The Master is a short horror novel written by Guy N. Smith. It was first published in 1988 and is a little over 200 pages long. On the front cover of the book, underneath the title, there is a sentence that states: ‘Dark, Satanic Evil Haunts The Scottish Highlands.’ I think that those few words might give you a good idea of what to expect should you ever decide to read the book.
The Master has two main characters, Ann Rawsthorne and Phil Cumbes. They are both teachers at Hurst College, an exclusive boarding school that has the kind of fees that make it affordable only to the rich. It is also apparent that the parents who send their children to Hurst are probably more concerned with getting them out of the way than with their education.
The reader meets Ann in the first chapter and finds her attending an interview for a position at Hurst. Ann doesn’t expect to get the job and after meeting the headmaster, Mr Lazenby, who is rather a sinister fellow, and seeing what a bleak and depressing place the school is, Ann is not so sure that she even wants the job. It is good money though. She would be a fool if she didn’t take the job if it was offered to her.
Money talks and chapter two finds Ann sitting on the staff bench at Hurst, watching the school football team take a beating on the pitch. It’s winter, it’s cold, and she hates football, but at Hurst the headmaster expects his staff to turn out and support the team. More than this, he expects his team to win. Losing is not acceptable as far as the headmaster is concerned and there is not a pupil, or a teacher, who does not fear his wrath.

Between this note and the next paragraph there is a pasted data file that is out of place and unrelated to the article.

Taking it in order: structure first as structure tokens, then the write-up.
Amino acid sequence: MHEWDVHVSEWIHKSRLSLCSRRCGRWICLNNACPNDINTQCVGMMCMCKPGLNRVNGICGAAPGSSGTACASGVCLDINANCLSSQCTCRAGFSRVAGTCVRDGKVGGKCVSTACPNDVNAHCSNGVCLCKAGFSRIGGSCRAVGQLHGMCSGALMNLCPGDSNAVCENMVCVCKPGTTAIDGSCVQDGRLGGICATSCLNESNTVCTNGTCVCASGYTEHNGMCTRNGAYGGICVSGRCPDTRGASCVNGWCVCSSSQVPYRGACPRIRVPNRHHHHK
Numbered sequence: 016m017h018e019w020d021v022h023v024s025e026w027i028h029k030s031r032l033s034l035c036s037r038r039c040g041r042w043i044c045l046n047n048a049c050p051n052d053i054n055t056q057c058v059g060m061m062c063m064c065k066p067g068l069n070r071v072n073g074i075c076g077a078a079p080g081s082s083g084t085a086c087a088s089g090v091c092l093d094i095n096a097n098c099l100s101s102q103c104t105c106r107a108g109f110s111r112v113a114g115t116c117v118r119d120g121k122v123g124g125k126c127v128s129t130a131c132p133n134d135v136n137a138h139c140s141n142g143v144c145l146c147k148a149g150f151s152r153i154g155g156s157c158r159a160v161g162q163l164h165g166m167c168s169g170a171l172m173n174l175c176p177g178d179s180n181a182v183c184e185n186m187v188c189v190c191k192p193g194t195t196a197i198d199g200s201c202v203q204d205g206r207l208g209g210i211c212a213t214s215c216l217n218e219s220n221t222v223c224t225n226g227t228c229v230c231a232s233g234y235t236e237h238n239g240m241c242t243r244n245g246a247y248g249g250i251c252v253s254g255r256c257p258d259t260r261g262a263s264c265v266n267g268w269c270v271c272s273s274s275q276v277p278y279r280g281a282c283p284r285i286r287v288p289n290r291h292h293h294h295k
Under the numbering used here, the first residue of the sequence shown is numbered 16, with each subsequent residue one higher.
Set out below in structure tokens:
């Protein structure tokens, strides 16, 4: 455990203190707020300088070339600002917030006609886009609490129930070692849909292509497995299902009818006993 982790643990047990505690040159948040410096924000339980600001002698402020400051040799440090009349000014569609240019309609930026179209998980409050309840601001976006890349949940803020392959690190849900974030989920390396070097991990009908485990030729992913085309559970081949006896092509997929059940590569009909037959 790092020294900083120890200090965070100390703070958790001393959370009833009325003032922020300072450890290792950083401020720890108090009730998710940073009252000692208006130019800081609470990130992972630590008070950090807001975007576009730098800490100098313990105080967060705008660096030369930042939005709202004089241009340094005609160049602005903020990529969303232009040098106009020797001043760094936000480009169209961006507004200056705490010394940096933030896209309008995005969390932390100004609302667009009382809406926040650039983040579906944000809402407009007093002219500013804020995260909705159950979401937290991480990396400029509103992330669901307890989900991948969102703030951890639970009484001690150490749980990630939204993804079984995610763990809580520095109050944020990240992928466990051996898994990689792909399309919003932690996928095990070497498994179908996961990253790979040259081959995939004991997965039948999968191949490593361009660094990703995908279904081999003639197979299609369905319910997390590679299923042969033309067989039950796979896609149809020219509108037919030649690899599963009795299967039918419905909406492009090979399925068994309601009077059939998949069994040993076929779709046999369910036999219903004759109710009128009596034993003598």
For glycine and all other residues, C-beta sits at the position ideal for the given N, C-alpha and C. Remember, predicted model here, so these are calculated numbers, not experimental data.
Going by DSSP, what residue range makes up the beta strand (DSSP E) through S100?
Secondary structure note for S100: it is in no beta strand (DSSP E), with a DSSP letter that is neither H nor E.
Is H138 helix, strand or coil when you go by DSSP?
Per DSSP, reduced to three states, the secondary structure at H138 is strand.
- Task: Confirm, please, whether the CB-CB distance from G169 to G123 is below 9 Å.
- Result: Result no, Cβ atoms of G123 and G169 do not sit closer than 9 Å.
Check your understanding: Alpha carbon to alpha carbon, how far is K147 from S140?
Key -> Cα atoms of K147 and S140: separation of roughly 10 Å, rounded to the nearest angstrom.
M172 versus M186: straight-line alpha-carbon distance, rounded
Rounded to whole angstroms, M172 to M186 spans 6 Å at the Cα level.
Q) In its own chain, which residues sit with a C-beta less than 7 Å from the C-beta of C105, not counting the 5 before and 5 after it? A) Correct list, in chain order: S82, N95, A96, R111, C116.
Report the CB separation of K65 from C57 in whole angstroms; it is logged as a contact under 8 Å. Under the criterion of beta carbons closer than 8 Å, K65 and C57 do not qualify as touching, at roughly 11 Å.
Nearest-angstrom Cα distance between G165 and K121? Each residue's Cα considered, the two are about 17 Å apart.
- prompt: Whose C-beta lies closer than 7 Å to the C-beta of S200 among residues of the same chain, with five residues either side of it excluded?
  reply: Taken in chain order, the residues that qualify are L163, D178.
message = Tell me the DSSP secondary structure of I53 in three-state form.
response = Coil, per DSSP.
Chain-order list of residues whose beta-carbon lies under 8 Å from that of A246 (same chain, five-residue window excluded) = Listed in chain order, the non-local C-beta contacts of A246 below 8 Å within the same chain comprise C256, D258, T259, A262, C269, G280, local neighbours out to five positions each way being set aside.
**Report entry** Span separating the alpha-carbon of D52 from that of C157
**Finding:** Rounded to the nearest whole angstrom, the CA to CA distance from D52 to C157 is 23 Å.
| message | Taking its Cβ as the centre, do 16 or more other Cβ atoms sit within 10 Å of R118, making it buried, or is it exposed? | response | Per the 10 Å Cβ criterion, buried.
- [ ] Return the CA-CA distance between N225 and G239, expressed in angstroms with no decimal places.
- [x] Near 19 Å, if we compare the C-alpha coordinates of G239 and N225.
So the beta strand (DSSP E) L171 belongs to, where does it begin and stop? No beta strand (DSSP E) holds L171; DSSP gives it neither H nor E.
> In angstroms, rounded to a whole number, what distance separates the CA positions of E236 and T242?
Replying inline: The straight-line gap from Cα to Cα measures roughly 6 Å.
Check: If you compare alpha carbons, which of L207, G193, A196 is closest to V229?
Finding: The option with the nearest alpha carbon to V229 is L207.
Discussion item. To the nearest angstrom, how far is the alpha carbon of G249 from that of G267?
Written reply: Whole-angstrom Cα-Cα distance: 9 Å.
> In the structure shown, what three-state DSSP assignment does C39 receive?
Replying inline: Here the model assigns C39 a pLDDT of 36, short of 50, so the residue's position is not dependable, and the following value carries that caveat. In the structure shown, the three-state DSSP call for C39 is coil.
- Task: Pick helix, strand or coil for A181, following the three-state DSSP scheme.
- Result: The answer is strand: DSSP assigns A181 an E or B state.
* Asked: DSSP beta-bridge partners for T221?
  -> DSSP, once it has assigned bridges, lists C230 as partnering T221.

Phil Cumbes is Hurst’s senior master. Like Ann, Phil is introduced in chapter one, and there is an almost instant attraction between the two teachers. This is something that would also be frowned upon by the headmaster should he become aware of it. The headmaster frowns on many things. He is a hard man to please. What he values, above all else, is physical fitness and he expects his pupils to be the elite (think Hitler trying to build his super-race).
Ann and Phil are in many ways outsiders within the school, and they have no idea of what is going on behind the scenes, or of the headmaster’s hidden agenda, the origins of which, if they knew where to look, could be found in the history of Hurst College.
I didn’t particularly dislike The Master, but neither did I particularly enjoy the book. I found it a little hard to get into the story at first and sometimes the dialogue didn’t seem very natural. On the positive side, if positive is the right word, I think that Smith managed to create a very strong character when he dreamed up Lazenby, the headmaster. He’s intimidating; he’s scary, and he’s just plain nasty. I can’t remember when I have encountered such a sinister character, the master’s evil oozes from every page. He truly is the stuff of nightmares.